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5 Key Questions for Owners of Concentrated Stock Positions

Perhaps you know of someone who has a lot of money tied up in one company's stock. Perhaps their company had an ESOP (Employee Stock Ownership Plan) or perhaps they have options, or warrants or other compensation linked to their company stock. A common reward, it could also be risky for a personal financial plan.

Start with the fundamentals when you think about how to diversify out of a concentrated stock position. From here, the strategy that you use will become more clear.


How did you get it?

The story behind how you accumulated this stock position is as important as the money itself. You have paid an emotional price to accumulate this money - sacrifices you've made, great decisions you've made, memories that flood you with emotions, helpful and not. Tell the story, or write it down. Make sure that you start with how, and why, and ask questions about the meaning of the money you've got on the statements, tied to a company. Spending time here is often overlooked and completely unique to you, but it's worth the effort. 

How much is it?

After you've worked through the history of how you got here, sum up the numbers. Many times, company plans tie up a lot of money and when you leave employment, you're leaving money behind. Ask the logical questions in this stage - the ones that can be answered with a calculator. Do the tax calculations. With the help of your financial planner and/or accountant, you'll be able to realize the financial impact of the money, and it might be greater or lesser than you think. Don't be wary of the emotions this may cause. They are normal, and you may need to return to the first stage for a time.

How much is too much?

The third step is to put the story and the money in context. How much of your net worth is tied up in one company? For many business owners, it is over 50%. What would it mean for the company to go to zero? Likely, the first reaction is emotional and that is why I recommend you start with the story and the meaning of the money. The answer to the question "how much is too much" is unique to each owner. From a financial planning perspective, concentrated stock positions often mean concentrated risk, so one answer may involve greater diversification.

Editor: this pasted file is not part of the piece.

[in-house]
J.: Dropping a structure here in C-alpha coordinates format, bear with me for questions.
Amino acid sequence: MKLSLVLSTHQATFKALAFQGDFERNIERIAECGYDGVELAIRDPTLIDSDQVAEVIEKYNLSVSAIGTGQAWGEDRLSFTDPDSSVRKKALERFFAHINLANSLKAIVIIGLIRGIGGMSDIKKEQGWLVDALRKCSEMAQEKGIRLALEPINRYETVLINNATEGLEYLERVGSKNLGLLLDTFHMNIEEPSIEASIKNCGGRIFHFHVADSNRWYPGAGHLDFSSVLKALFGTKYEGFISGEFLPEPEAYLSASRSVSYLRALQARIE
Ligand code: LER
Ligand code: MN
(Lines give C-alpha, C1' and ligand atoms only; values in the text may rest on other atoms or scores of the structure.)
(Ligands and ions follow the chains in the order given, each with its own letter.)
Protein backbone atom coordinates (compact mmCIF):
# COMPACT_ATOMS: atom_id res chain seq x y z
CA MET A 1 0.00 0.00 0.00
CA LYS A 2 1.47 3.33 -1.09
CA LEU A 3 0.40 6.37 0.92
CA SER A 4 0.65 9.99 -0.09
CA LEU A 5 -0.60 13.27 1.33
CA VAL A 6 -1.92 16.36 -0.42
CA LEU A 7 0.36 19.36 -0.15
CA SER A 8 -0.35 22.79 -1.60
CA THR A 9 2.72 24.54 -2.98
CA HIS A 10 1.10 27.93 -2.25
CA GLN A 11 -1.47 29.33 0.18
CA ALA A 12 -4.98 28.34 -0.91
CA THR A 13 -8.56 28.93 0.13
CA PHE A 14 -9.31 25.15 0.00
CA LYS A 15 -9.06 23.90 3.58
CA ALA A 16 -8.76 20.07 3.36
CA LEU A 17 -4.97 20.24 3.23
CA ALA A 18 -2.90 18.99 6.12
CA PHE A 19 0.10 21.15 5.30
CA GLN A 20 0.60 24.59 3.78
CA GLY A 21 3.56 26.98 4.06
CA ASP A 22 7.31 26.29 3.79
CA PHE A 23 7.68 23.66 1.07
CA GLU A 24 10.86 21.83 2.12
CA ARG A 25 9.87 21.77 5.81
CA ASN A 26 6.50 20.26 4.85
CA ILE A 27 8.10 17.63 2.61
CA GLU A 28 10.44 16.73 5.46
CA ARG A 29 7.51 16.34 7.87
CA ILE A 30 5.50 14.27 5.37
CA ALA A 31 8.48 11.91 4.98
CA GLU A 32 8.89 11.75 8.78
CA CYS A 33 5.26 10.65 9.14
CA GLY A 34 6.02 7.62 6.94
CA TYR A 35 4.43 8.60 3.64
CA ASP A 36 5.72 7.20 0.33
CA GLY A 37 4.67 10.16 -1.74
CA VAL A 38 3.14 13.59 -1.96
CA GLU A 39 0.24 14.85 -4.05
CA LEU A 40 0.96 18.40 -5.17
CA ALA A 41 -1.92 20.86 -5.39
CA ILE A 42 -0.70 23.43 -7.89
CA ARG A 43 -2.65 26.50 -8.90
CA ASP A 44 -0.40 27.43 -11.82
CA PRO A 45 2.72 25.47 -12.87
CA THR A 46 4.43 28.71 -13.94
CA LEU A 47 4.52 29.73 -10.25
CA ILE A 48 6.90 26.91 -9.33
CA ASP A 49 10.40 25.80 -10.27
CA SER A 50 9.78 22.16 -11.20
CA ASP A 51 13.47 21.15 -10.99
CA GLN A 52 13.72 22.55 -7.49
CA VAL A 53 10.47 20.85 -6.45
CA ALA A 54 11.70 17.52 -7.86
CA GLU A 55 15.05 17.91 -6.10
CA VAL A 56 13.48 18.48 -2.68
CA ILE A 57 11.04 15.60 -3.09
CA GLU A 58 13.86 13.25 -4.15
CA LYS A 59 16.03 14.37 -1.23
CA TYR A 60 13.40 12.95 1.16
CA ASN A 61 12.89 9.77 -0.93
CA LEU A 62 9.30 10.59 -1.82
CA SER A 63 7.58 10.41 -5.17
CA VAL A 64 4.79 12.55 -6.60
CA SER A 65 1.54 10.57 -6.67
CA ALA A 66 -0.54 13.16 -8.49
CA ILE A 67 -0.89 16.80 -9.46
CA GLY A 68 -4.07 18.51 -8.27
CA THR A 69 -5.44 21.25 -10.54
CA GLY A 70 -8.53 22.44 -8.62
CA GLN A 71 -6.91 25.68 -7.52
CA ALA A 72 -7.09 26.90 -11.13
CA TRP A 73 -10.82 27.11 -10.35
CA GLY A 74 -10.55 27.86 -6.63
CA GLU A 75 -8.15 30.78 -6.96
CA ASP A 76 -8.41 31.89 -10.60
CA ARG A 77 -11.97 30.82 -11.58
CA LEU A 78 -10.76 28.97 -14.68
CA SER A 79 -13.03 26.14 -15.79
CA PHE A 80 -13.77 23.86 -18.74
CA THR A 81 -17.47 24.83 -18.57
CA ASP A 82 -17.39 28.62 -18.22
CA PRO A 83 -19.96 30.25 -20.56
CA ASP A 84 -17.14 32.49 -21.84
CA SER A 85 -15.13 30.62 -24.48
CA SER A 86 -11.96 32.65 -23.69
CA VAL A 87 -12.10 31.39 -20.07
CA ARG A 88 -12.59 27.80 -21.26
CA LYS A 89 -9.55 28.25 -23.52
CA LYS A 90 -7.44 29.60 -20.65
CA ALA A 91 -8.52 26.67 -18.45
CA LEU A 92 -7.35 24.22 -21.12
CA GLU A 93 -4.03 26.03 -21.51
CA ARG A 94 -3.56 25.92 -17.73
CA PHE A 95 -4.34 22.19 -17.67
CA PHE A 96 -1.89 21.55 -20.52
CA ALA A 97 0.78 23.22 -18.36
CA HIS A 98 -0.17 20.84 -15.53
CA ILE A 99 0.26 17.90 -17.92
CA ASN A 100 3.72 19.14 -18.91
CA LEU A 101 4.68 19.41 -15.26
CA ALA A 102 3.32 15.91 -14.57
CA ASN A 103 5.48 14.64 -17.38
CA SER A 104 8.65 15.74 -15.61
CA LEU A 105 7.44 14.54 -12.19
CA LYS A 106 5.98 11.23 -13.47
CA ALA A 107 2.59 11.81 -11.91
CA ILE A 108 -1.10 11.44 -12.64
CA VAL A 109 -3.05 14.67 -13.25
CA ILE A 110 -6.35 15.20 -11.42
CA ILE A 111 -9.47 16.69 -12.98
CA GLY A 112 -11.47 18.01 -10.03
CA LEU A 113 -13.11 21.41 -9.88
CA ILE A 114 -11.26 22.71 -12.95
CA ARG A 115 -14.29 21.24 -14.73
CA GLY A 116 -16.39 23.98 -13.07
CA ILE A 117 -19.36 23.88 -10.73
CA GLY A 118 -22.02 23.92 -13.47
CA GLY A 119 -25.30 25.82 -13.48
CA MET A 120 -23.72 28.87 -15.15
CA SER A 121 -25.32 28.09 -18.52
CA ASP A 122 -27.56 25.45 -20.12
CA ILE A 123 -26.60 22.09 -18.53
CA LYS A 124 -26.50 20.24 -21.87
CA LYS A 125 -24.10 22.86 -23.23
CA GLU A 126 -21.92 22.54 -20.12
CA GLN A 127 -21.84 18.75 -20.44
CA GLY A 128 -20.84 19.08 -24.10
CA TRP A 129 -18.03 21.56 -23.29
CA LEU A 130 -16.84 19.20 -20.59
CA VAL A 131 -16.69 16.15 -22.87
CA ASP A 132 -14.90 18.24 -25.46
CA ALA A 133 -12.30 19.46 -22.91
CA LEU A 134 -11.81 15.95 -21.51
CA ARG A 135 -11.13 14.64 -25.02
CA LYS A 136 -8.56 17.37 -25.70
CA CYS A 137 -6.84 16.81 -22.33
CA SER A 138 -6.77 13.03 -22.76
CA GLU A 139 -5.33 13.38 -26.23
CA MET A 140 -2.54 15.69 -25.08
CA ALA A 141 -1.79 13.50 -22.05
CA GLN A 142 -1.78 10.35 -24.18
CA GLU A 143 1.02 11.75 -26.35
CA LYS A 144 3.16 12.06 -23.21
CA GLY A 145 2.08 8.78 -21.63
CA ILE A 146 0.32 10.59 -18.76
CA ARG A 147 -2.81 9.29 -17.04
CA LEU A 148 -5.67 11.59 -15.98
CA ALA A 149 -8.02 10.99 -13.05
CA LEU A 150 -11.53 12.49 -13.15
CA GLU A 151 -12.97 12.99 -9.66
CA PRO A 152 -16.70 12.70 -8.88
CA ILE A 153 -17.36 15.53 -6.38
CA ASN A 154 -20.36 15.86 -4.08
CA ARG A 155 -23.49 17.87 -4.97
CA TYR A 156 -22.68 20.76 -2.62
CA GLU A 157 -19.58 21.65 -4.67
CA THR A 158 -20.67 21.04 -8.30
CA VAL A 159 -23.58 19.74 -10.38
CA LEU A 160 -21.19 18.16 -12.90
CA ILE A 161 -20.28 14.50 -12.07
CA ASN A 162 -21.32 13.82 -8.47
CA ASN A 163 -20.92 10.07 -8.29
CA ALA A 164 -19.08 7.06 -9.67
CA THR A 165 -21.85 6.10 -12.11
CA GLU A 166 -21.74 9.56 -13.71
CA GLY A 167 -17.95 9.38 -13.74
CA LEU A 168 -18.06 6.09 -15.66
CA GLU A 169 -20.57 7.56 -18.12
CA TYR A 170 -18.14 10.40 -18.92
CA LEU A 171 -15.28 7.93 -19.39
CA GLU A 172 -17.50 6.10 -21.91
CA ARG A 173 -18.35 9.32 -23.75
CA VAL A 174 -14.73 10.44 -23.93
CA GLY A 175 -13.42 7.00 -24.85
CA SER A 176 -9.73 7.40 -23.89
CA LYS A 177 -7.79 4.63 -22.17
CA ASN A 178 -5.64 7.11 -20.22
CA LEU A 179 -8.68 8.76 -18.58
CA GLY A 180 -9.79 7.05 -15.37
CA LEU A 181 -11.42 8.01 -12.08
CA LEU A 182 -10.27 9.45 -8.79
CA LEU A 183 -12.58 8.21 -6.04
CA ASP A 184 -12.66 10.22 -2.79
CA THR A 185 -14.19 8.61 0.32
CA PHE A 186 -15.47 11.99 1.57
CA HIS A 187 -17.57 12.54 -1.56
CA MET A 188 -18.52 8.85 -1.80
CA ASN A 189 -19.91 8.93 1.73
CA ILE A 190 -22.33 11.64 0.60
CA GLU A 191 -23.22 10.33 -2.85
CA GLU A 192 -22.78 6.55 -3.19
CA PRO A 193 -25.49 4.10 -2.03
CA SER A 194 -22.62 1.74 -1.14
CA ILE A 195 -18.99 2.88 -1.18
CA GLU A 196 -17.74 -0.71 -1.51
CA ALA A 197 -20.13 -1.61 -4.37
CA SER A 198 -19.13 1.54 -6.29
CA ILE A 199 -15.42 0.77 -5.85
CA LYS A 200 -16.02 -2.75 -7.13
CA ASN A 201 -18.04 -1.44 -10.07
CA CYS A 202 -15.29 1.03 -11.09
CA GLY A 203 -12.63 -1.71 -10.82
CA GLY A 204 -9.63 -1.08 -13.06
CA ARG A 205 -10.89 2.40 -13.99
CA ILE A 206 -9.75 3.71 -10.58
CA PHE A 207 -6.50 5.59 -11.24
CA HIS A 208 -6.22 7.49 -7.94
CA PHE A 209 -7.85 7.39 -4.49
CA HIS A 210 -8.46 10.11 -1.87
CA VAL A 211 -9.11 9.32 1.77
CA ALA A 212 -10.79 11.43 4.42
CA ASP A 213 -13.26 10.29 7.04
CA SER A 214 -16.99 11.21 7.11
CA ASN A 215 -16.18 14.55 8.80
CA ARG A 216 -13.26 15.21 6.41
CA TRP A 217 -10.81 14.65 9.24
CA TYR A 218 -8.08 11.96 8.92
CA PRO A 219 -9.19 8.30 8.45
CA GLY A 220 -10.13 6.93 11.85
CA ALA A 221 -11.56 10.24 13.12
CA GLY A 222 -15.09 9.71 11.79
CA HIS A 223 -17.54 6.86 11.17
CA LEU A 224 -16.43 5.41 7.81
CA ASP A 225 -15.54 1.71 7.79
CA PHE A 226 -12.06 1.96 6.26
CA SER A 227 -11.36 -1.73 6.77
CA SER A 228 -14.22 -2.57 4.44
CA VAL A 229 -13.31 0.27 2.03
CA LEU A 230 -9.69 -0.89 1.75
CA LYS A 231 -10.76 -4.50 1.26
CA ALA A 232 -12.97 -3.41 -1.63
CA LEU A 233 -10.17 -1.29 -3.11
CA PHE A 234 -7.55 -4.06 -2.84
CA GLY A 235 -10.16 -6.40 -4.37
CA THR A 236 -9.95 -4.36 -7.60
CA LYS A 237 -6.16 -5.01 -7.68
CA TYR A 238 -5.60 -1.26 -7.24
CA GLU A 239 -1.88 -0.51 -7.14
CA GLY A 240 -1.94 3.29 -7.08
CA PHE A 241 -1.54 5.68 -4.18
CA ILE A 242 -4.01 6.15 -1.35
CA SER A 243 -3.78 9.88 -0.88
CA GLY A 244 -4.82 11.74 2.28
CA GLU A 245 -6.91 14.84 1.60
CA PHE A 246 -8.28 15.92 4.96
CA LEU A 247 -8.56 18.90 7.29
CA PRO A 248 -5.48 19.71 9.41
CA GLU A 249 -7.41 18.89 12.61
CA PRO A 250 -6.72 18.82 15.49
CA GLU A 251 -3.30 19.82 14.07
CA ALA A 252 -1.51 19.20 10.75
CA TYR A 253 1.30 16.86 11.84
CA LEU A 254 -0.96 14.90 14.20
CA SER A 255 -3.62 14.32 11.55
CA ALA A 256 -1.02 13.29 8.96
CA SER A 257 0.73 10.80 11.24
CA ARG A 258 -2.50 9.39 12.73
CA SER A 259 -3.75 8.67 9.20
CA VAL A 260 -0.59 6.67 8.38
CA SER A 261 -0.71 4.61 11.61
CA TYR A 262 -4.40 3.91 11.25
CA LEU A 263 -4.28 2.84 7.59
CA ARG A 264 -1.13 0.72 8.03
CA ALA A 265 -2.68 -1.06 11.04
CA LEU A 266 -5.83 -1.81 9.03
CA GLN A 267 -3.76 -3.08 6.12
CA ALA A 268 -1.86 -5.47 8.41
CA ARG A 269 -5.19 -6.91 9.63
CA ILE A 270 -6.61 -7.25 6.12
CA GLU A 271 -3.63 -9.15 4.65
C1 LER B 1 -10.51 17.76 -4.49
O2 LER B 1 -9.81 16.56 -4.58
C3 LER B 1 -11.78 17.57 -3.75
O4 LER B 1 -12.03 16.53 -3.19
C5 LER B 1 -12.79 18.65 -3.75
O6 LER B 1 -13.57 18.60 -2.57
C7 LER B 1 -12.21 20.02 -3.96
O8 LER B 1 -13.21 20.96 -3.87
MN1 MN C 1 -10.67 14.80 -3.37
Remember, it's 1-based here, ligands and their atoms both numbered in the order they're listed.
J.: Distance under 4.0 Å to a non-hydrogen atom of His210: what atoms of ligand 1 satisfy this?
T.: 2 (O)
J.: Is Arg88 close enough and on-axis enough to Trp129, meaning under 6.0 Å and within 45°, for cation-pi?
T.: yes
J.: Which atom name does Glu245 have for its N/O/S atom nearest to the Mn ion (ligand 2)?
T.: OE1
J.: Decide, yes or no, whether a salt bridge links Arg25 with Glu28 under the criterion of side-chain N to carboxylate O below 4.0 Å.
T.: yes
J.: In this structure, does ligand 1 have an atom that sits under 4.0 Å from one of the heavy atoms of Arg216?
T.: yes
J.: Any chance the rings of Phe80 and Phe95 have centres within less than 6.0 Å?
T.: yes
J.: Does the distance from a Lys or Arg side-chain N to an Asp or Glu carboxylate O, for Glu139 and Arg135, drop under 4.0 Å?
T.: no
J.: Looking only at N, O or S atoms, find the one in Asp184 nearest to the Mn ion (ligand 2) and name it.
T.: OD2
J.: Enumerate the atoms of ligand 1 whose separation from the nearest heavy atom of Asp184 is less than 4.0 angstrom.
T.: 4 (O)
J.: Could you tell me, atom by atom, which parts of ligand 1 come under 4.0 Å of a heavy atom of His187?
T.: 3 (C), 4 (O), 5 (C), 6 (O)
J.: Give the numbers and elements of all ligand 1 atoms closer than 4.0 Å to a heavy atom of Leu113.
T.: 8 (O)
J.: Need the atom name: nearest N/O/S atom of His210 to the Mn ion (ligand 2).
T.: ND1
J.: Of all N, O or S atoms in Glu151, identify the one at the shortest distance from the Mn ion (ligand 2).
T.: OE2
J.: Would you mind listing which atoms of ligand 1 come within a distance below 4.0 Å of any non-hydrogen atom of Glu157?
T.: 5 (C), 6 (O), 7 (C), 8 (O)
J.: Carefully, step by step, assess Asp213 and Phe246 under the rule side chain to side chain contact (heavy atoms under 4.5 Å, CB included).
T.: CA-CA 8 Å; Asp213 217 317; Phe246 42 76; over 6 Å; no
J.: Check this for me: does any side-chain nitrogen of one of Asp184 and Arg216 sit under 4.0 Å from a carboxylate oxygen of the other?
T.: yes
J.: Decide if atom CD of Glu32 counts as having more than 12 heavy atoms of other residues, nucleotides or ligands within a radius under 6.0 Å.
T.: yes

What is the ideal situation?

Similarly, the ideal situation is unique to each person. It usually revolves around "keeping my family safe" even if the business goes belly up, or even if I die, or even if something awful happens. But don't start here, with the vision of the future. Instead, start with the past, then the logic, and then ask the "ideal" question. You'll find that you can make more progress if you've honored the history before you dream of a future - or several possible futures - and begin to separate yourself from your stock.

How long will it take?

Sometimes, it takes a long time to move money out. Sometimes, you get a liquidity event. Either way, the plan is the most important part of the transition away from a concentrated stock position. Write it down, with the help of your financial planner, and then make adjustments. Amazing resources, many of which are available on the Internet, will quickly inundate you with complicated choices. Start the searching with the advice of your financial planner and you'll be best suited for success.

What can you do next?

So, you've got the history, the feelings, the math and the vision (with the beginnings of a plan), now you need to ask yourself a very simple question: What is the very next step I can take? Then take that small step towards handling your concentrated stock position. It's always a question about the meaning of the money, and never the money in isolation, that brings about the best chances of success.

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